Podcast: Victor Montori – Mayo Clinic MD calls for patient revolution

Michael Joyce is a writer-producer for HealthNewsReview.org and tweets as @mlmjoyce

Having a conversation with Victor Montori you can almost feel your hair blow back.

If he were introduced at a medical conference you’d probably get something like this: Mayo Clinic diabetes physician, author of roughly 600 publications, world-class expert in shared decision-making and evidence-based medicine, director of Mayo’s Knowledge and Evaluation Research Unit, and an advisor to The BMJ and the U.S. Department of Health and Human Services.

But in person you get this: a working wisdom of the U.S. medical industrial complex, placed in pragmatic perspective by a frontline physician who actually studies the patient-doctor relationship (yes, patient before doctor) … all fueled by high octane passion.

It’s on full display in this podcast. Simply acknowledging that our $3 trillion health care industry is broken doesn’t cut it with Montori. He wants to fix it. Here’s how …

Montori sees his book — Why We Revolt: A Patient Revolution for Careful and Kind Care — as the starting point of a much-needed conversation.

You can buy the book — and share your story — at patientrevolution.org.

We cover shared decision-making often. Of the dozens of articles we’ve written on the topic, this one by our publisher, Gary Schwitzer, is an excellent starting point.

As for evidence-based medicine, here’s a compelling video of a Victor Montori presentation at the University of Oxford in June of 2016. It explores how can we understand and apply scientific evidence in the context of Montori’s patient revolution.

The Health News Watchdog podcasts cover a wide range of topics. Just this year alone we have talked with a former US Senator about health care reform. We’ve asked whether wellness programs really work. We’ve taken dubious stem cell clinics to task. You can find these and the rest of our podcasts HERE.

If you like what you hear, leave us a comment or rating. Maybe you have an idea for a future podcast. We’d love to hear it and we’d love to hear from you!

Comments (4)

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Rob Oliver

November 13, 2017 at 10:41 am

Someone who works at the Mayo Clinic has the stones to complain about the “medical industrial complex”?

The Mayo Clinic (and now Cleavland Clinic) is the American poster child of entrpreneurial medicine and self promotion for the better part of a century. They are relentless promoters of a brand.


Michael Joyce

November 13, 2017 at 1:14 pm

Dr. Oliver,

Thank you for sharing your concern regarding how the Mayo Clinic (and as you note, ‘and now Cleavland [sic] Clinic’) can be ‘relentless promoters of a brand’. Not infrequently we share similar concerns, or — at the very least — we critique something they do which we find potentially misleading or harmful to consumers. If you search our website with either institution’s name you will find dozens of instances we have been highly critical of both.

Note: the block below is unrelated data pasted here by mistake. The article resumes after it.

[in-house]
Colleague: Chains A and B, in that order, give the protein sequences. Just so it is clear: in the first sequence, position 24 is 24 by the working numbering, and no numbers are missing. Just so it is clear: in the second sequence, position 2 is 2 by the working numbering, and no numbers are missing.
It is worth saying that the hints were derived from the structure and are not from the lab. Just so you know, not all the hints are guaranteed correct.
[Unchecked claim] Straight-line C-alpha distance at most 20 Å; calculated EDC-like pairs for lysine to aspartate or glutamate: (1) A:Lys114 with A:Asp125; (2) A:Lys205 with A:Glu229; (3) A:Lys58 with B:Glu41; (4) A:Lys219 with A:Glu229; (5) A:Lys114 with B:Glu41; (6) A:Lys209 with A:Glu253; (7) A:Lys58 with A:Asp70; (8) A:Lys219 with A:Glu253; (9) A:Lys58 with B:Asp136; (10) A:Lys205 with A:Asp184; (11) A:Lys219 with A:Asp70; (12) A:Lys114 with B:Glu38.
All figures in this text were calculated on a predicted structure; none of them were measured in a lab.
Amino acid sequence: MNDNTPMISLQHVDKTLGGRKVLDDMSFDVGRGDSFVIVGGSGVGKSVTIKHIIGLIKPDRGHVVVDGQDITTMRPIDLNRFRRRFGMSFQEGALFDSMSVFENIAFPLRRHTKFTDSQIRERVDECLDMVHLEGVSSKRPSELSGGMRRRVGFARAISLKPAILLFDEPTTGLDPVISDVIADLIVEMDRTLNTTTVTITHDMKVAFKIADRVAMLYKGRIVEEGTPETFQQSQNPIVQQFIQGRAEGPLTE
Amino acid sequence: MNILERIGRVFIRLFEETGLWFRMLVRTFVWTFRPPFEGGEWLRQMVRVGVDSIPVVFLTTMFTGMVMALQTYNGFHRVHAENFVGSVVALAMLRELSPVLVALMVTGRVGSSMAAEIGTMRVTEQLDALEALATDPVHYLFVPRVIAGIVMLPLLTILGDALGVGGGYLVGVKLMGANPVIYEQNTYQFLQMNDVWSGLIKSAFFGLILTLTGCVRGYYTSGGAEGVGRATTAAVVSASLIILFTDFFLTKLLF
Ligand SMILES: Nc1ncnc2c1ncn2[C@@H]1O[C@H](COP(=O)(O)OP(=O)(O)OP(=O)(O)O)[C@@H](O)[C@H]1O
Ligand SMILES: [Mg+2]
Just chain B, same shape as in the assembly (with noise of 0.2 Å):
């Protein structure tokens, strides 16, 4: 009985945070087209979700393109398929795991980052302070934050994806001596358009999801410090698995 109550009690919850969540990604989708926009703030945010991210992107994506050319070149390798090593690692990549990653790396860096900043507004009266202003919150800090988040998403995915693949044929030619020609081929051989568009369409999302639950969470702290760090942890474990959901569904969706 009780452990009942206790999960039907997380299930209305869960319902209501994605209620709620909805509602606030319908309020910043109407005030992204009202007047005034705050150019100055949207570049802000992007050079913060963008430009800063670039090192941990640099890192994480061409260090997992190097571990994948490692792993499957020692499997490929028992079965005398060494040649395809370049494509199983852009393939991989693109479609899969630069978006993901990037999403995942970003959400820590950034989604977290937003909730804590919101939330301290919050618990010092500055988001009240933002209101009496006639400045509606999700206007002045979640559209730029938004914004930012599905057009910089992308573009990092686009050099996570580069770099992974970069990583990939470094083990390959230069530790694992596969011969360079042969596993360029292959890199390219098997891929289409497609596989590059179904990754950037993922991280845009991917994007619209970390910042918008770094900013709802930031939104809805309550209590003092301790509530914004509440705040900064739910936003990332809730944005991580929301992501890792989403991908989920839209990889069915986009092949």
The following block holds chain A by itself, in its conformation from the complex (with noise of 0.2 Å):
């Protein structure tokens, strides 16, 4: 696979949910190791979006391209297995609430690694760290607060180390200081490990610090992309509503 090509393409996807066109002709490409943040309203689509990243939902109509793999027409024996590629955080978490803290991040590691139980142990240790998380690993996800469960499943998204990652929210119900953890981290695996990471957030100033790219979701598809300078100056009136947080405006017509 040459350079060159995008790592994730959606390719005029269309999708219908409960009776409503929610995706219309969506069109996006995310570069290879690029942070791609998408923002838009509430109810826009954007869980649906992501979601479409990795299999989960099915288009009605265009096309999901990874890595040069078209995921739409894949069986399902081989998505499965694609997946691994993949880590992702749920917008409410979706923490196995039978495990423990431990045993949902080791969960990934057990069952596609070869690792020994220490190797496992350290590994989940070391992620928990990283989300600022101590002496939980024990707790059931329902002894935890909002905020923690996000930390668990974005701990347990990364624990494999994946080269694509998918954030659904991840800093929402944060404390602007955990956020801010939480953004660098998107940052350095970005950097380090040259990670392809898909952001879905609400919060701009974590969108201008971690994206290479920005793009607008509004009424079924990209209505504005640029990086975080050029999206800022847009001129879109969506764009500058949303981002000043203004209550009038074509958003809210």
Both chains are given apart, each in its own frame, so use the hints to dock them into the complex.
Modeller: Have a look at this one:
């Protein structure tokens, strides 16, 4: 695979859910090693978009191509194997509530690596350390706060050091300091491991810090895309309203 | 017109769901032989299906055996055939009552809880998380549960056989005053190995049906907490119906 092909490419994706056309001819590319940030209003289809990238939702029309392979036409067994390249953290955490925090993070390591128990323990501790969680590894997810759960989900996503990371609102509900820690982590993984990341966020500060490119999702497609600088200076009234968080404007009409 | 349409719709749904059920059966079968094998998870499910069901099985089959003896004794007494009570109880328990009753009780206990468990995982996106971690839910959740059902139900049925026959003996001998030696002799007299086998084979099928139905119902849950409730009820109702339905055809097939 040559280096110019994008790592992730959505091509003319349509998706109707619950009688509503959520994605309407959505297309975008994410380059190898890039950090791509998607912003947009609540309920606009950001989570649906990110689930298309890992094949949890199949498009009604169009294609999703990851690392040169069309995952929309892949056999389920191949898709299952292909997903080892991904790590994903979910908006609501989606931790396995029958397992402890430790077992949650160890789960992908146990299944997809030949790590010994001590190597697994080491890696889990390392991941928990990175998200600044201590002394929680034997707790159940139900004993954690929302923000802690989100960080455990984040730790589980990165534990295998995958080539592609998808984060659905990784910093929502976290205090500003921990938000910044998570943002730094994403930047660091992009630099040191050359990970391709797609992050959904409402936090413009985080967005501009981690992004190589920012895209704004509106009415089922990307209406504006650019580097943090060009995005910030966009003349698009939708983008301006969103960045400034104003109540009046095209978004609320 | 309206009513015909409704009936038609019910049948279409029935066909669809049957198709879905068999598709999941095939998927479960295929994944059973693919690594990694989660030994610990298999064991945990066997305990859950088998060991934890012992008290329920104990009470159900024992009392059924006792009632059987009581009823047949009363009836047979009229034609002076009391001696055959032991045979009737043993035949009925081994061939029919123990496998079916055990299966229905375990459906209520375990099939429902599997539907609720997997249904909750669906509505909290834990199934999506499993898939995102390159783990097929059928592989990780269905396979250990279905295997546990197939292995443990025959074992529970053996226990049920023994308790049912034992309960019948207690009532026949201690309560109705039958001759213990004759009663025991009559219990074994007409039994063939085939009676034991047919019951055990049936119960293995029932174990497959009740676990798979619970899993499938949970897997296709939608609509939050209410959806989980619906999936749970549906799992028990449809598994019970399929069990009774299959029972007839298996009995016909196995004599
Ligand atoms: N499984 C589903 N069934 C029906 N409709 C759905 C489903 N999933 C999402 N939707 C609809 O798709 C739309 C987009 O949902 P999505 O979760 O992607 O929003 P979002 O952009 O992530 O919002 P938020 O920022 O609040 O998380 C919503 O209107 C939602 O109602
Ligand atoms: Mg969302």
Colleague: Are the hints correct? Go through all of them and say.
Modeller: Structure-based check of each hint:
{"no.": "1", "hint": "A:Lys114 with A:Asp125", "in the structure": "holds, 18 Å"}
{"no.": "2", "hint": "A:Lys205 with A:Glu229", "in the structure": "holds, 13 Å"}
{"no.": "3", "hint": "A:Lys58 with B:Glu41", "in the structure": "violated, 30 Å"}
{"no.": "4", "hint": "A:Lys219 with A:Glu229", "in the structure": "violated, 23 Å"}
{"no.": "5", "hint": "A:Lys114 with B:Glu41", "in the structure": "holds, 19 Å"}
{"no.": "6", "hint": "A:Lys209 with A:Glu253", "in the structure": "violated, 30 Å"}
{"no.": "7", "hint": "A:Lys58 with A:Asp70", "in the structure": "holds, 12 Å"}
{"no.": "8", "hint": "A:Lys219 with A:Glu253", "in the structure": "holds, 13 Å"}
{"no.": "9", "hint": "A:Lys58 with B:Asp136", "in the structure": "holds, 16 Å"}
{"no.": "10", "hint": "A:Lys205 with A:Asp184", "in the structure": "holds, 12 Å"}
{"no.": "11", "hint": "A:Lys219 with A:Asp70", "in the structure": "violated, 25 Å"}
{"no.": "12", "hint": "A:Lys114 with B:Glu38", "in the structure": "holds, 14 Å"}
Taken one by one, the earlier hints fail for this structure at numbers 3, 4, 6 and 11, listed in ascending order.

But allow me to critique your reaction to Dr. Montori. First, he is not ‘complaining’ about the medical industrial complex. He rigorously studies it and is committed to being part of the solution, not part of the problem. Second, although it is true that Dr. Montori is an employee of the Mayo Clinic, this is a self-published book and not a publication of the Mayo Clinic.

Finally, if you listened to the podcast, thank you. My goal was to reveal the thinking and passion of this remarkable physician. My sense in speaking with him was that he was trying to promote much needed change, not his employer. That comes through in the book as well which — if you get a chance to read it — might change your opinion of him as either complaining or promoting a brand.


    Selver Maric

    November 14, 2017 at 8:17 am

    Rob Oliver, please read a book first than comment about it.
    This book is greater than Mayo Clinic, he is a first doctor who really step forward and say what really happens on the other side of big healthcare walls. Being entrepreneurial isn’t problem of medicine, medicine stopped to care for patients – that’s a real problem.


Charles L Carter

November 15, 2017 at 8:46 am

Dr Montori’s heart is really in the right place. But implicit in his argument is that few doctors share his values of kindness and shared decision making. In med school in the 80’s, I was told the days of patriarchal medicine should be left behind. Shared decision making is a re-branding of this concept, not wrong or bad in itself but not especially new. Each patient and each situation are different and many patients will say, “Just make me better “. Engaging them in their health, especially for chronic illness, can be a challenge though vital.
Dr Montori’s credibility suffers somewhat as well from his specialty. Regimens for diabetics are among the most demanding and are among those promoted with relatively weak evidence.
Doctors certainly warrant encouragement such as Dr Montori’s advises, but the real solution lies in payment models,loan forgiveness, and diminishing regulatory burdens to promote primary care. More PCP’s and more time for them to actually interact with patients in an unstructured way would go very far to advancing his ideas. And specialists acting as consultants rather than long term managers of their slice of a patient.